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THS ag mechanics students, teacher win big at state fair

POSTED August 10, 2012 7:47 p.m.

A Turlock High agriculture teacher Chad Russell won the John Thurman Award at the California State Fair this year — all due to his students’ success. All of his ag students won first place at the fair, which gave their instructor the most points at the end to win his own prize. Russell won a plaque and $150.

“I have been fortunate enough to win this award,” Russell said.  “My students are extremely competitive and very serious when it comes to compete.  The fact that I have won this award directly reflects the quality of work that my students have done.”

One of his students, Blake Peterson won Best of Show, Avery Welding Award, and Outstanding Exhibitor.  Another agriculture mechanics student, Peter DiGrazia, won Best of Division and the Airgas Welding Award.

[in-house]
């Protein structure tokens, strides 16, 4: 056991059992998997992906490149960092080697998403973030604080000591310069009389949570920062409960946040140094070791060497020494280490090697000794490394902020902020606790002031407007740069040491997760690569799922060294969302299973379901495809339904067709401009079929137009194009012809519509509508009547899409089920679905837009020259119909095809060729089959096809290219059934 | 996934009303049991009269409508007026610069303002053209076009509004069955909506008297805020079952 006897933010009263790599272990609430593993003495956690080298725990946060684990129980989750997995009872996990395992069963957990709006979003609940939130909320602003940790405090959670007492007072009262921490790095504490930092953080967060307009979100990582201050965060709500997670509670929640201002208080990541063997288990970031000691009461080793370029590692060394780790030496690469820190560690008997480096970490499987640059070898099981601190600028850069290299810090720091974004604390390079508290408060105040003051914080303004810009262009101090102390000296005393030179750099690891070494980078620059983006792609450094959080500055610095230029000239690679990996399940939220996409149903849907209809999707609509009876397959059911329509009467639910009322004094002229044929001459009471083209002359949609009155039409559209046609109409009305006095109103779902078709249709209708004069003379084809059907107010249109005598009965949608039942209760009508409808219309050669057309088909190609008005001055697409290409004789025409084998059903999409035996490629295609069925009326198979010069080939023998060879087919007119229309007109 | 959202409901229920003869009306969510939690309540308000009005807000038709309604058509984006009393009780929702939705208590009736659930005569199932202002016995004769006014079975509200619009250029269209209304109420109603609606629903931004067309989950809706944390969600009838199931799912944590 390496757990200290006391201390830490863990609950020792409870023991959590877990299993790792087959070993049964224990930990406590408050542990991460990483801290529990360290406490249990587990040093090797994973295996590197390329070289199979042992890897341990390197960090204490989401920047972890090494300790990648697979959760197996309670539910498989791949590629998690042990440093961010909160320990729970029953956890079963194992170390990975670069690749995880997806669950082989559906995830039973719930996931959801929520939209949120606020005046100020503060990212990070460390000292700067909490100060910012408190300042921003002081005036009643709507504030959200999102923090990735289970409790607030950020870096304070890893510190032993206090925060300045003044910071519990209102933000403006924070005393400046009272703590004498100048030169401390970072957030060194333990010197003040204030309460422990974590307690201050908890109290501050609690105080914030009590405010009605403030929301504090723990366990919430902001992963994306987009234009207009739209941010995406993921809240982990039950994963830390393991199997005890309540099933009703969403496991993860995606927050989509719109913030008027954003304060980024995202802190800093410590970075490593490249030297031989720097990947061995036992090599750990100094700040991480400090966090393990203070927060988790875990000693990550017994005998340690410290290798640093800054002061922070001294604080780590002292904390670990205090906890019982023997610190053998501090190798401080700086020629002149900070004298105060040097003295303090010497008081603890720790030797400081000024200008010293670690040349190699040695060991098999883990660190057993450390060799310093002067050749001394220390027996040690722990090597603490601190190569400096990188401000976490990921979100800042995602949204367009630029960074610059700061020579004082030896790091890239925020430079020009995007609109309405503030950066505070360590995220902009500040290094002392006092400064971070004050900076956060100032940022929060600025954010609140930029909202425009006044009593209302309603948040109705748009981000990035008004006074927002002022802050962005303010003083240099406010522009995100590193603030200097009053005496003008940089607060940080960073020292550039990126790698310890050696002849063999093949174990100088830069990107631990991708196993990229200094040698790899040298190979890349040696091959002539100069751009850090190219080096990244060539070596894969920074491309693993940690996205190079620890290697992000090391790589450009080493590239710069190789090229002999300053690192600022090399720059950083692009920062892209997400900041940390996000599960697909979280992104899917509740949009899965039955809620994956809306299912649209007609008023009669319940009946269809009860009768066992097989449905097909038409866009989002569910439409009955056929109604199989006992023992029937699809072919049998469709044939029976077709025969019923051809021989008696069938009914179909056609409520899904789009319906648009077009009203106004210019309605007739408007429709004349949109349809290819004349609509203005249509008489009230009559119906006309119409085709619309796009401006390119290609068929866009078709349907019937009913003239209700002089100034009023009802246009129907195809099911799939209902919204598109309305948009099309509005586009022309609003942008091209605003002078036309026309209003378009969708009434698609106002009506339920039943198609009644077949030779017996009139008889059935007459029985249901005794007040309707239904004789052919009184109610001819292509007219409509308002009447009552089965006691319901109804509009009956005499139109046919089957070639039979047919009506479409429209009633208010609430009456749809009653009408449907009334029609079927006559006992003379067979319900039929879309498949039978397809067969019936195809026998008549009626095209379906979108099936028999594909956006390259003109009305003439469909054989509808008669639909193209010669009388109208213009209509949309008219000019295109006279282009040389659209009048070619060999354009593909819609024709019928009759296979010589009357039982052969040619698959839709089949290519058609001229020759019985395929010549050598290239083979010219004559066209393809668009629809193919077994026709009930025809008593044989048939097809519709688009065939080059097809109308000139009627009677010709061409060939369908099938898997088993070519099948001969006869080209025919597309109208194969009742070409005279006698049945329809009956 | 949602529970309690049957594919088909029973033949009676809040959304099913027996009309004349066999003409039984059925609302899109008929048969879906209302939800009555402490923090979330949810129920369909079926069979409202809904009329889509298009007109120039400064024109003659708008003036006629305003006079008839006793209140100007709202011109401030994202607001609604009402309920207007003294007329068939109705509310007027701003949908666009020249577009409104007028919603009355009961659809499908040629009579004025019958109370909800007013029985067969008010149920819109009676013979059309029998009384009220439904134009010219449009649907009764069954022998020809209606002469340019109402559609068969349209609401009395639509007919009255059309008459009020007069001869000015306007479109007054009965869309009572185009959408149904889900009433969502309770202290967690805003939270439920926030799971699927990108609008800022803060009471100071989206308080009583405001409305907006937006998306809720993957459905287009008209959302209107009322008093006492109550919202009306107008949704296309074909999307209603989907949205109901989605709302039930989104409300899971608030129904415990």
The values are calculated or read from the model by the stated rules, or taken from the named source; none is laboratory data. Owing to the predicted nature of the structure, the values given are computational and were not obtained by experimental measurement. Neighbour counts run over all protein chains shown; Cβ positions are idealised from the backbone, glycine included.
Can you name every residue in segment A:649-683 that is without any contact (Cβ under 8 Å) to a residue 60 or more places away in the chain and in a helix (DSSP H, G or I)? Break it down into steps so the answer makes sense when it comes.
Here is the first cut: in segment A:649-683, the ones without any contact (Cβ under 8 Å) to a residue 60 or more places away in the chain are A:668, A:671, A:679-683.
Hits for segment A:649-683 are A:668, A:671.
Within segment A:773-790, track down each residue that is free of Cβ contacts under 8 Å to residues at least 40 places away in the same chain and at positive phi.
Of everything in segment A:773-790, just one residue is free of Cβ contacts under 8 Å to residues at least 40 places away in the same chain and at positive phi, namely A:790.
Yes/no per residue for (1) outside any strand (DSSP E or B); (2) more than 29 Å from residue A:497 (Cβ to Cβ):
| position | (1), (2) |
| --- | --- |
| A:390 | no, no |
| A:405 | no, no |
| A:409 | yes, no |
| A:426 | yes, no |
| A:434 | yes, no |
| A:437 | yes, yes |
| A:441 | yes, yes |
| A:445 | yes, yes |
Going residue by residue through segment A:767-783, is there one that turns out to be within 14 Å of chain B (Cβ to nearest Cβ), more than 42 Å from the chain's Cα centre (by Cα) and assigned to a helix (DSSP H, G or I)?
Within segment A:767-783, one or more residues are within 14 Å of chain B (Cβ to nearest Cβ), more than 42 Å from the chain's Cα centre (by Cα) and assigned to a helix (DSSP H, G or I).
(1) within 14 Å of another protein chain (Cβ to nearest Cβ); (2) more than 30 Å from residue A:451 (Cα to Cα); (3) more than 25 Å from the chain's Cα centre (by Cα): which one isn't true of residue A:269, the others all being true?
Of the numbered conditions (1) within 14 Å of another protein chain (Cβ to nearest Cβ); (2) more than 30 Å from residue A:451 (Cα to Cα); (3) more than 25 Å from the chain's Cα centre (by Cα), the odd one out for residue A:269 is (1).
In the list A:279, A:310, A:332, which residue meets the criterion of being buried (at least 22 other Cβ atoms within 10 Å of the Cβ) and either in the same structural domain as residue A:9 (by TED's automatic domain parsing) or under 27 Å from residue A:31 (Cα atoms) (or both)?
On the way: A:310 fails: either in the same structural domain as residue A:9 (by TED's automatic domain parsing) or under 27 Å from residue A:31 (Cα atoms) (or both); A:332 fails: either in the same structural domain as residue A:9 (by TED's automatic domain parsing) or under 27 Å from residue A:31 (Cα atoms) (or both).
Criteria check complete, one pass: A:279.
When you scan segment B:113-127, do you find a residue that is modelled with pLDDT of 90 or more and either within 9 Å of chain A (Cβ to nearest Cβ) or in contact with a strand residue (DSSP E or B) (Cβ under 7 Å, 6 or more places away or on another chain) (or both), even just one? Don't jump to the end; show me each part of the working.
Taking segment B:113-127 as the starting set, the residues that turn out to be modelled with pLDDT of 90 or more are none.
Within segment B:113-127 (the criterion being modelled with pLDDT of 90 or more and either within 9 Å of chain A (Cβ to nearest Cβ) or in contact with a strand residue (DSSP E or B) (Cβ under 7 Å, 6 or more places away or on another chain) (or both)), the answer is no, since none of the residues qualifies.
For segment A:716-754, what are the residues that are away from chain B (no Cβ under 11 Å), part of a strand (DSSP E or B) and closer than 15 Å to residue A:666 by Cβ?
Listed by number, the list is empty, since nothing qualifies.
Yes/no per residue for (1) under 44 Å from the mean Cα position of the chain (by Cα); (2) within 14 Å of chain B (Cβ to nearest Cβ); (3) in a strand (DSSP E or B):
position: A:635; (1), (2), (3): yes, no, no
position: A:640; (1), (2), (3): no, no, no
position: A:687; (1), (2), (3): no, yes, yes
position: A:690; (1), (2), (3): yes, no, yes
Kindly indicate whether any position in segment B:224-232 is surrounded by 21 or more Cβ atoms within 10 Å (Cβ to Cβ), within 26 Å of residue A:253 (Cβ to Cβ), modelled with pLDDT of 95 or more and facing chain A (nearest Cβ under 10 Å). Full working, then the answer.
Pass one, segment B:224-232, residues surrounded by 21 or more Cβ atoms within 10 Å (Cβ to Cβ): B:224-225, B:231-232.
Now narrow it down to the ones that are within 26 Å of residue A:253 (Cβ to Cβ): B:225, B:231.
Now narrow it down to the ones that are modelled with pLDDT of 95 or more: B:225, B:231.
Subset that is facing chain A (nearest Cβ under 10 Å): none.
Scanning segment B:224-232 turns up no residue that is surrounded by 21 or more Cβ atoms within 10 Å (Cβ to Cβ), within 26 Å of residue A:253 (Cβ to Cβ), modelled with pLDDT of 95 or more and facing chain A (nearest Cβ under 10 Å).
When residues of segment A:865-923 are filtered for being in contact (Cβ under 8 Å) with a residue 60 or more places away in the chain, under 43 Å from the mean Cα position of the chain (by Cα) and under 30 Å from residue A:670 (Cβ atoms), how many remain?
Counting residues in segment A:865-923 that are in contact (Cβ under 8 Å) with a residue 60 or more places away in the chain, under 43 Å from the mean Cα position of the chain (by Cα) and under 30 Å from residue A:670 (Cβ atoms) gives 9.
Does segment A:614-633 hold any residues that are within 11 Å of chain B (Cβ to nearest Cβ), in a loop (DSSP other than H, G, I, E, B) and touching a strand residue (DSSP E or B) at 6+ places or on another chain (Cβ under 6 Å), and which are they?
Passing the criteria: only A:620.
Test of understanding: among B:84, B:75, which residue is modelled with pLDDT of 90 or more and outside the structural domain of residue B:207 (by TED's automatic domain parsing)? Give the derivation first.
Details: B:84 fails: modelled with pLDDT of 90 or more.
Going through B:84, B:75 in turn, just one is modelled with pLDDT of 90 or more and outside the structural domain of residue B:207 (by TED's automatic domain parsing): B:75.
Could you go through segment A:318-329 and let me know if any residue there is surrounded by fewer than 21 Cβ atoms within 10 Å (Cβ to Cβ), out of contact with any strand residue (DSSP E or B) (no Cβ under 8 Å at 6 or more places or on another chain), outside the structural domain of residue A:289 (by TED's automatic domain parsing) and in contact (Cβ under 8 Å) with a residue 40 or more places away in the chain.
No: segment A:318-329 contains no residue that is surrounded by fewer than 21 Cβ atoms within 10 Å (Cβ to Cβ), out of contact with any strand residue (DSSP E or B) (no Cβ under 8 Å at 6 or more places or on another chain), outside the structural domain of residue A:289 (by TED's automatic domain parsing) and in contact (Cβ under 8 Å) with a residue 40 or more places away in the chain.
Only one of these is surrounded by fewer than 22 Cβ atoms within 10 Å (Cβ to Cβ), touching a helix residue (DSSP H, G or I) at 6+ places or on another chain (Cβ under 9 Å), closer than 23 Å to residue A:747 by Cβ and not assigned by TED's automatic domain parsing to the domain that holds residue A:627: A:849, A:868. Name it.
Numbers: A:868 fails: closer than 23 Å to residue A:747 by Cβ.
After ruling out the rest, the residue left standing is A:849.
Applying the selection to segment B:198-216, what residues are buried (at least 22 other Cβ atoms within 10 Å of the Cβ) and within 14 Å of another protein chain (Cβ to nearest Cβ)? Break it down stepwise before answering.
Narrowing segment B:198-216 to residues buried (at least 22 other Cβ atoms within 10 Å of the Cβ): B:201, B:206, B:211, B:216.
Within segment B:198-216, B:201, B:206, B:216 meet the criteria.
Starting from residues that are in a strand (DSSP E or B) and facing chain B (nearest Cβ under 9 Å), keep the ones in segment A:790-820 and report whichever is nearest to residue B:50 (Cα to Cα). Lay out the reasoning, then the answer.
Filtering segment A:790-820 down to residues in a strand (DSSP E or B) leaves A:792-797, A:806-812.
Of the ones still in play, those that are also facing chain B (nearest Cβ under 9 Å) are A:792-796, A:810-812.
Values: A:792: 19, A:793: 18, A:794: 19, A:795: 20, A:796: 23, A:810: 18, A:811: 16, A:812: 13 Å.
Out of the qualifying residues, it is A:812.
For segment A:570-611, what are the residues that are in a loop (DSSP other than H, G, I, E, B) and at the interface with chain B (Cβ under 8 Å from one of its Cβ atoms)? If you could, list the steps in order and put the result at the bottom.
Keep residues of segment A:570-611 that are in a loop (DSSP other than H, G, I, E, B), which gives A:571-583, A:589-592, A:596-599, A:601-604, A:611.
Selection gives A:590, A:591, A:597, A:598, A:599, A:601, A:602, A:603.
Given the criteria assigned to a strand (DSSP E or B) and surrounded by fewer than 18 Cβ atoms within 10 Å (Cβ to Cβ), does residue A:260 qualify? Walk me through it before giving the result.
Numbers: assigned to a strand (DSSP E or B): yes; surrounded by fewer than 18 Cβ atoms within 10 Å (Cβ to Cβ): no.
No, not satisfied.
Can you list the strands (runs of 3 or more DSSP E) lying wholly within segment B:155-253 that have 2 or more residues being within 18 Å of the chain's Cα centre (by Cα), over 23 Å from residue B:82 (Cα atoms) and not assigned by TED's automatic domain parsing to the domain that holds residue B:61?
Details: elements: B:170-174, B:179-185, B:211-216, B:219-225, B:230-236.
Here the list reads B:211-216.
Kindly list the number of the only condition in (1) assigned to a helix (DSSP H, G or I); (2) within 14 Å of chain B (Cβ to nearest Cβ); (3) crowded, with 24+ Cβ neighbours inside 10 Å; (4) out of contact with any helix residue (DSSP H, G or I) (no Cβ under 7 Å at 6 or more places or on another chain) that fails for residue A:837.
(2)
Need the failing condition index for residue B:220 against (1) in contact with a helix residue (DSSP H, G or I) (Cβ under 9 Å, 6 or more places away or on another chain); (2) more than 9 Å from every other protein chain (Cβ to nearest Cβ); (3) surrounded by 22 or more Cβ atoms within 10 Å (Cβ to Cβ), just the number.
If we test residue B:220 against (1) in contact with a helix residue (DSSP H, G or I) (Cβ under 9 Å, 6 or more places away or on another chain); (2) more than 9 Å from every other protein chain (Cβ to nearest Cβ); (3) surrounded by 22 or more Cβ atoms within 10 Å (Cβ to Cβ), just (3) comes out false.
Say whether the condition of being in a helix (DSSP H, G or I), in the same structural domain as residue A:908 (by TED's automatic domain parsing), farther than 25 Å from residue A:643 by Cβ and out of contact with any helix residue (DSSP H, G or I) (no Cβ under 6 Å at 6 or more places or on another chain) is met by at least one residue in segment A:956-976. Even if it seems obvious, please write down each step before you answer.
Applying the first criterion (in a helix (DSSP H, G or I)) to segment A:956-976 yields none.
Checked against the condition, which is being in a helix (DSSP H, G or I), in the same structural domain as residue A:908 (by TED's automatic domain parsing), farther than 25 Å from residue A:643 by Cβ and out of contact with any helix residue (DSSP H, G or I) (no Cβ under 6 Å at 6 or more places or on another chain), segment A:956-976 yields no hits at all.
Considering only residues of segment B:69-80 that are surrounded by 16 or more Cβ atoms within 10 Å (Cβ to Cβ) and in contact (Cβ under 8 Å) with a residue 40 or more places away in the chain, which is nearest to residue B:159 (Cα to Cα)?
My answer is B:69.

All 15 agriculture mechanics students spent their summer at the Turlock High School ag shop working on their projects. They got all of their supplies from local businesses.

“Businesses in our area have been a great asset to us because they understand that this is a learning process for the students and are very helpful and supportive,” Russell said.

During the school year, Russell teaches his students how to draw and interpret plans, make materials and cut lists, order materials, and design and fabricate using various welding and cutting methods.  They are also taught how to manage their time wisely with other commitments.  The 15 students also had a big showing at the Stanislaus County Fair this year.

“My students learn effective communication skills by being a part of this project,” added Russell.  “When students order materials they have to call local businesses and communicate with others in order to have a successful project.”

Turlock High School is no stranger to success in ag mechanics, as it has beat out every school throughout the Valley for the last five years.

“We take a lot of pride in what we do.  None of these projects would have taken place without the community and administration support.  It takes a tremendous amount of time to run a full scale shop.  Local businesses give our students discounts when they purchase items and even help them with any technical question they may have.  I cannot emphasize the gratitude I have for our community,” said Russell. 

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